I don't know if this ramble is at all useful, but I know from my own experience that getting what you want is totally incompatible with out of the box solutions, and that compared with those solutions, getting what you want is dead cheap. Couple asymmetry and personalization with open ed resources and the savings would be substantial. The only question that remains in my mind, is would conservative school admins buy in.

Mark Smithers said...

I've come in late on this so I'm not across all of the arguments. I would make the point that my university (50,000 student bodies) is looking at moving blogs and wikis onto virtal servers provided externally that will allow us to pay for only the resources used. The cost per blog/wiki will fall considerably. We would be looking at $7 or $8 per blog/wiki per year. We have about 2000 blogs at the moment but I'm not sure how many are for staff and how many for students. In terms of an LMS - we host BlackBoard internally but we may go outside in future. Roughly we are looking at $10 per student body per year (less per equivalent body). In staff terms it would be about $200 per academic staff member.

The above are hosting costs. We provide centralised technical support for these services. At a rough guess I would say $200 per academic staff member per year.

The other point I would make is that there are some figures available from MIT on their opencourseware program. Are those relevant at all? I don't have a link handy I'm afraid.

DaveB said...

This comment has been removed by the author.

DaveB said...

Oh I'm sorry - I've got the whole service relationship all wrong. As a lecturer trying to develop courses and material for my students, *I* am supposed to be providing resources to your projects. And here I was expecting central departments to be checking out what I was doing and to be providing a service to meet MY needs.

I am so very sorry Leigh.

It is interesting that you are so completely unaware of the various things I've been up to. Just little bits here and there, seldom with a fanfare - but there have been times when I've been pushing teacher-tube and some other things. Your ignorance of my activities in areas which involve free delivery and my use of open source in teaching doesn't surprise me as it doesn't involve something that you're trying to lead.

But lets get back to calculating the cost of blog/wiki shall we? And whether there's anything substantive in the roi.
[replace to fix reversed words]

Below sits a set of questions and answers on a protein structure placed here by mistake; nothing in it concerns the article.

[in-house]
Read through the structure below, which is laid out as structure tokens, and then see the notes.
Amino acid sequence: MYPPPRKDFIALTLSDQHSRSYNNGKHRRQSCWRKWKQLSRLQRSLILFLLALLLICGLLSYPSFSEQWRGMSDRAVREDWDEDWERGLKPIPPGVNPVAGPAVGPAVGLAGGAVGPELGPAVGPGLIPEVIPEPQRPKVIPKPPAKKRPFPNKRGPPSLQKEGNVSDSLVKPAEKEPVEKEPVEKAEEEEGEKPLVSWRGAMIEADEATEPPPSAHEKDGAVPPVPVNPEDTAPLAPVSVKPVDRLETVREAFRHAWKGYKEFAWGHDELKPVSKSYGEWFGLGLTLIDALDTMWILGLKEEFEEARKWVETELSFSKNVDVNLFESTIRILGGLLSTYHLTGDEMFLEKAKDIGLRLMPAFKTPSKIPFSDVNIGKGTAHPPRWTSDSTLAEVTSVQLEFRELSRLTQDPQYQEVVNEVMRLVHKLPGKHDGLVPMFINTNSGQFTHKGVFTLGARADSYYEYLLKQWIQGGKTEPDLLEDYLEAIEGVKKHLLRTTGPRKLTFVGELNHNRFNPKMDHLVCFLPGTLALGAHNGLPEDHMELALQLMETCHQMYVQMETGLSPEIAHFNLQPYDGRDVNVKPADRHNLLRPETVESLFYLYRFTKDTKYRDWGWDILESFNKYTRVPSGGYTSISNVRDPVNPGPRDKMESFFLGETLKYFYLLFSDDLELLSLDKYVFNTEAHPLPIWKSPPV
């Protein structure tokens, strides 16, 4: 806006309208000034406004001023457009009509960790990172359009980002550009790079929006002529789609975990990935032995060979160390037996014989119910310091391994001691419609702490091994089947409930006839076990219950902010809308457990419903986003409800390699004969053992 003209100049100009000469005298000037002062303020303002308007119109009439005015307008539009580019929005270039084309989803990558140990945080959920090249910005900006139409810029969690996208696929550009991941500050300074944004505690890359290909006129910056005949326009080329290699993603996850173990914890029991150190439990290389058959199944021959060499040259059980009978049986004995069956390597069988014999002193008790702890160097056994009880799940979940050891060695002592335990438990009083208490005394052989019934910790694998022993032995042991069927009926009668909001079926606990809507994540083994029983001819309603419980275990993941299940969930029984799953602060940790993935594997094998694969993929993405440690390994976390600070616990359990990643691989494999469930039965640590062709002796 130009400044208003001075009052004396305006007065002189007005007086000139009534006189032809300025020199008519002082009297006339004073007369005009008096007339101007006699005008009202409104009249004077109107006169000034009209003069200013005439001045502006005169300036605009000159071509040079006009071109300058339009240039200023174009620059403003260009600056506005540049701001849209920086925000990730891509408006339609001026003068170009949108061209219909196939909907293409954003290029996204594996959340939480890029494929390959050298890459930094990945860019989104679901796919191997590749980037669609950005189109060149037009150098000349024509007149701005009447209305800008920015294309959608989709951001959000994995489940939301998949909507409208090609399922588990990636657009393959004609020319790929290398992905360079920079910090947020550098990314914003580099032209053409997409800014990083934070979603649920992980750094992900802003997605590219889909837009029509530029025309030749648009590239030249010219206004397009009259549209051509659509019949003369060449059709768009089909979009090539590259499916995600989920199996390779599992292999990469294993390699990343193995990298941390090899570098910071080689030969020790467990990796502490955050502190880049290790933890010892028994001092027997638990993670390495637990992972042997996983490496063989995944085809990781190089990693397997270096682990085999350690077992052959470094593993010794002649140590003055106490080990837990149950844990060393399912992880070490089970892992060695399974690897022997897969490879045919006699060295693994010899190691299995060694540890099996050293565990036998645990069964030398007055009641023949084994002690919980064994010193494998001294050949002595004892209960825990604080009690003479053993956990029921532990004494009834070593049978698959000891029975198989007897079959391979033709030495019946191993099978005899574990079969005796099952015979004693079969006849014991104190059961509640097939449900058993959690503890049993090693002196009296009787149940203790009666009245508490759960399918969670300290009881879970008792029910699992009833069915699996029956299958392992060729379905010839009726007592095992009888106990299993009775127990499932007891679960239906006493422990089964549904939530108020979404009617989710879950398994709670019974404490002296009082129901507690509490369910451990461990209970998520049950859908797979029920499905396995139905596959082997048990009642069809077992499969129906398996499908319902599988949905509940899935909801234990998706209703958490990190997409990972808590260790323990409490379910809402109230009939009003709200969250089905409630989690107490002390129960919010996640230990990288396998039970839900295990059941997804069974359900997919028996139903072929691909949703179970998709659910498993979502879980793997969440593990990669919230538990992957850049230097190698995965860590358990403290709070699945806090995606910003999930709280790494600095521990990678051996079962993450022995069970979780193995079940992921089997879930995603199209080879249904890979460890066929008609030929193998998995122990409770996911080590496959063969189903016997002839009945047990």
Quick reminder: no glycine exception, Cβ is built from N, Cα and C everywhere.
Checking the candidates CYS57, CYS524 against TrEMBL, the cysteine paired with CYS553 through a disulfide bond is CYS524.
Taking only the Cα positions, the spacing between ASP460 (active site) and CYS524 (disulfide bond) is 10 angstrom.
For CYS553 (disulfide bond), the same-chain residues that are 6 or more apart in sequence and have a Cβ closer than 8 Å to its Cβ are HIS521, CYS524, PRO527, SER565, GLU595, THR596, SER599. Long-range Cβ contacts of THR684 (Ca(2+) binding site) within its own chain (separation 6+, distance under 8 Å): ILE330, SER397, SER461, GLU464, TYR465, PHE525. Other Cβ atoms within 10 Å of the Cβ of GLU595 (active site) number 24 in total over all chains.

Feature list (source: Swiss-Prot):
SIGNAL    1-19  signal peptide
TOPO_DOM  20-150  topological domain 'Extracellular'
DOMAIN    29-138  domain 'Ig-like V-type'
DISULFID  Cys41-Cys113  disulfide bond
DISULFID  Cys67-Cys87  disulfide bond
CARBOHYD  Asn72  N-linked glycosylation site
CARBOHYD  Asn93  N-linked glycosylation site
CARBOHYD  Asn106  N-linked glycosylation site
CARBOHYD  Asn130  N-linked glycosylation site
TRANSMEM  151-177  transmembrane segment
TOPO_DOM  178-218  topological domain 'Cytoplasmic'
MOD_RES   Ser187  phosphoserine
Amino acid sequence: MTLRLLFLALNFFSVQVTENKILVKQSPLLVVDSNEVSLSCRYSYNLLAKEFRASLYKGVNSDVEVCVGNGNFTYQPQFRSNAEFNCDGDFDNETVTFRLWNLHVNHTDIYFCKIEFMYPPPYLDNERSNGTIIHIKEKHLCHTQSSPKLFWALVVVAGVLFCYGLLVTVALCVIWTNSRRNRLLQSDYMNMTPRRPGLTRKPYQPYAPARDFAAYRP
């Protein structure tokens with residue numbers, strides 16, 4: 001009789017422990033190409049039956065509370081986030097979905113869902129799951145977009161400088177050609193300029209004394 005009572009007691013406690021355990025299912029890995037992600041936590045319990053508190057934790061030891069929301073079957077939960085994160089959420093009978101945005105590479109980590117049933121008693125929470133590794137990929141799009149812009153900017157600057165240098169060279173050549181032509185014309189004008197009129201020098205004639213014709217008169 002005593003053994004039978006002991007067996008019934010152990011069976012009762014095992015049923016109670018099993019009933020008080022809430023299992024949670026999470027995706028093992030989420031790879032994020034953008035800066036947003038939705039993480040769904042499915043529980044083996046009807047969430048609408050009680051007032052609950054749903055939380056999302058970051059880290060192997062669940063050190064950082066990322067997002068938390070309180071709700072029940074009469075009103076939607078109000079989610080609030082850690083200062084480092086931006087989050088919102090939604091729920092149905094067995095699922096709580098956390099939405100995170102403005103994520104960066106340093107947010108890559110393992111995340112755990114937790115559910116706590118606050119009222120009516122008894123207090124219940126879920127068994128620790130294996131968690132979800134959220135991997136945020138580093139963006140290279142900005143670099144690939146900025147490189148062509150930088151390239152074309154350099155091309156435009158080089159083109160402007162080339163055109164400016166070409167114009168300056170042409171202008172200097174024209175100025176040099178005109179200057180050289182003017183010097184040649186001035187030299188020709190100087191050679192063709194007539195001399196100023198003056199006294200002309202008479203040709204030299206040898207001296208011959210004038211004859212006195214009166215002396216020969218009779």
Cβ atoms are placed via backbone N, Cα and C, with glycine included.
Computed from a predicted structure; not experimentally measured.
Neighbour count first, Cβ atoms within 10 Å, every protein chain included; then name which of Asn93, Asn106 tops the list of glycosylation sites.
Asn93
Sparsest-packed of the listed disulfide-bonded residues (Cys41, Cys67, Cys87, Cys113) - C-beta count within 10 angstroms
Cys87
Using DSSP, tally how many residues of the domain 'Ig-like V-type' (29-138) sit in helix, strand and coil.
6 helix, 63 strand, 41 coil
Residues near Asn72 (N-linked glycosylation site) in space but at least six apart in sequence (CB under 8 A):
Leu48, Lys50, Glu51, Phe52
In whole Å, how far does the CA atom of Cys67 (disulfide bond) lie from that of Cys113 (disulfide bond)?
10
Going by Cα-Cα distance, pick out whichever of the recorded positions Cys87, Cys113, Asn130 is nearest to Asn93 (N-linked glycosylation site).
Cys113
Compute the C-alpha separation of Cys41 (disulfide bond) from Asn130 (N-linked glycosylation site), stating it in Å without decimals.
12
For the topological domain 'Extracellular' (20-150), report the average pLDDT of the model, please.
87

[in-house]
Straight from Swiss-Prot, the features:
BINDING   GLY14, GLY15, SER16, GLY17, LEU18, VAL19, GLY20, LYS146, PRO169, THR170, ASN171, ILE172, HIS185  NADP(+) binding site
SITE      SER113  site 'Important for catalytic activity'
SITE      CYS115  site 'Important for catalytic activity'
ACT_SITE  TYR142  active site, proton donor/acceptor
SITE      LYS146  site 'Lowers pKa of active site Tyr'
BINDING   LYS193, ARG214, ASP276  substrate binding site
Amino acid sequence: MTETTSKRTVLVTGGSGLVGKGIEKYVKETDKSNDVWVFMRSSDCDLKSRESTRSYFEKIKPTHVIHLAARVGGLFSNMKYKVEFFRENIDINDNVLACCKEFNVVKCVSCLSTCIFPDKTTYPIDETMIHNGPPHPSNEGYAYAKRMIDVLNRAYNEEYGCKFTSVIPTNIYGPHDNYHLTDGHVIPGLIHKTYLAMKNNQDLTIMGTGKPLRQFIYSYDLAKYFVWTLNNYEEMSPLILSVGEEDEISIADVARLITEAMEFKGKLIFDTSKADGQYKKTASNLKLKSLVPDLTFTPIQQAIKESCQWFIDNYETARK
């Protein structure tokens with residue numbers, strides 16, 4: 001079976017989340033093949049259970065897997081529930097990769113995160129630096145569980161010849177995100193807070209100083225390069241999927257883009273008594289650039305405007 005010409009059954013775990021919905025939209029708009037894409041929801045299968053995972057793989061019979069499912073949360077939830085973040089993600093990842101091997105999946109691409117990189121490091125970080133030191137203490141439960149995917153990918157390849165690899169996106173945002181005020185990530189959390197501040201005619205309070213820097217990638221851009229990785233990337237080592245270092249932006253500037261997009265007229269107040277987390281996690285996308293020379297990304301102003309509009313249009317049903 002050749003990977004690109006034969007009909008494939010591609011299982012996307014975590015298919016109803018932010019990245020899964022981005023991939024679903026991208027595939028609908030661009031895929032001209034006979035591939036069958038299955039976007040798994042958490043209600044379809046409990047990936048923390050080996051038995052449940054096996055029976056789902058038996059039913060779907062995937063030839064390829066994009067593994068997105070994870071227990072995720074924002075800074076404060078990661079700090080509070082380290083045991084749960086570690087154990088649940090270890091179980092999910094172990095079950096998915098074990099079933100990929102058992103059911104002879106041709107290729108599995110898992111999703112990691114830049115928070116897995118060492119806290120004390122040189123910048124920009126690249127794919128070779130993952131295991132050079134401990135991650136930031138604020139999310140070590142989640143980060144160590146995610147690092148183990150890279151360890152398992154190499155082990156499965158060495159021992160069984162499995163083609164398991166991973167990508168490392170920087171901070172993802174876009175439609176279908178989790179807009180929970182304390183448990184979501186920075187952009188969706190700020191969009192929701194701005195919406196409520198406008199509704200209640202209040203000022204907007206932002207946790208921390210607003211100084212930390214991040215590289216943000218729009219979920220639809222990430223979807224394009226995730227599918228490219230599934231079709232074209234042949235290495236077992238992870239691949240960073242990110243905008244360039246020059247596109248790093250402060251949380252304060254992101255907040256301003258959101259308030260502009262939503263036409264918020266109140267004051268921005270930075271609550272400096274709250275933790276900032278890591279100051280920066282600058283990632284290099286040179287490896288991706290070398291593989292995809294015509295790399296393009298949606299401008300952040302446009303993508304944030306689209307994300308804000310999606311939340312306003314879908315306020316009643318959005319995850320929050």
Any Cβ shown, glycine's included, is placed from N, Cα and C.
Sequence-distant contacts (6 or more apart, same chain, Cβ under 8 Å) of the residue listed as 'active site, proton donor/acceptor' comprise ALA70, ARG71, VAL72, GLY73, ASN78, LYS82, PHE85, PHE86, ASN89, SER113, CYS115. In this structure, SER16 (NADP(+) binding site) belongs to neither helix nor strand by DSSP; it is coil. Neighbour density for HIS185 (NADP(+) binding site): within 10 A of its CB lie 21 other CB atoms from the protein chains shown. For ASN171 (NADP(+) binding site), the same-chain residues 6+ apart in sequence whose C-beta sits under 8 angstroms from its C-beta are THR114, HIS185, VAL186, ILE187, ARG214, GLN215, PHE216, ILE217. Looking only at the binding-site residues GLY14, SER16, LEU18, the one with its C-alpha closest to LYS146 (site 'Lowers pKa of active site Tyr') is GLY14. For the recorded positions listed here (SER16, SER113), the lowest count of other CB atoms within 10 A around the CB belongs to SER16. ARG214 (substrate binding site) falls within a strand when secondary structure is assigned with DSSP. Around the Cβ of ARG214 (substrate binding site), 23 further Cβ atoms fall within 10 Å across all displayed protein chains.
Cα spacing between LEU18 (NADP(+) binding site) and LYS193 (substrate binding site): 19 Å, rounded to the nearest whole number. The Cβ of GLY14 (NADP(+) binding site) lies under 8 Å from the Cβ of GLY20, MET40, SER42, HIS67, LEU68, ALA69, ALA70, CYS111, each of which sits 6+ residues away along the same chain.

Leigh Blackall said...

@Michael, thanks for your comments. In the evaluation, I'm not actually looking at Moodle, that came up in this discussion as a comparison to the costing I have for the blogging, wiki and multi media platforms. Those costs I have are based on estimates in time and spending by colleagues working in other institutions that have set up and maintain those platforms.

@ Mark, thanks for that detail.. I've taken CfS's suggestion and moved the savings of hosting costs and put them out as a general savings. So now they are not calculated as a benefit of staff publishing their materials openly and on popular platforms.

computingforsustainability said...

Is getting better but I'm not convinced by the free images in the equation. For the wiki example you say it is worth $29118.60 of brand awareness (OK). But then you add "By using freely licensed images and graphics, these 5 staff have improved the quality of their resources to the worth of $10400....$39519". You consider the cost of production separately ($25000) giving net gain of $14519 (or $4840 per staff member).

If run a coffee shop and start making mocha then you might sell each one for $5. The cost of production is $2 giving net profit of $3. It makes little sense to then say, "but we're using crayons which are free instead of chocolate which would have cost $1.50 so that's improving the quality of the mocha by $1.50 so therefore the net gain per cup is (5+1.5)-2 = $4.50.

Ignore the taste difference in chocolate versus crayons, (I had started the analogy so finished it), the point is that you are adding a new total cost and then trying reducing this by saying that it could have been more. You could make it even more impressive by saying that we would need to hire a photographer and professional models for every image needed costing $10,000 per image and therefore OER is generating truly ridiculous amounts.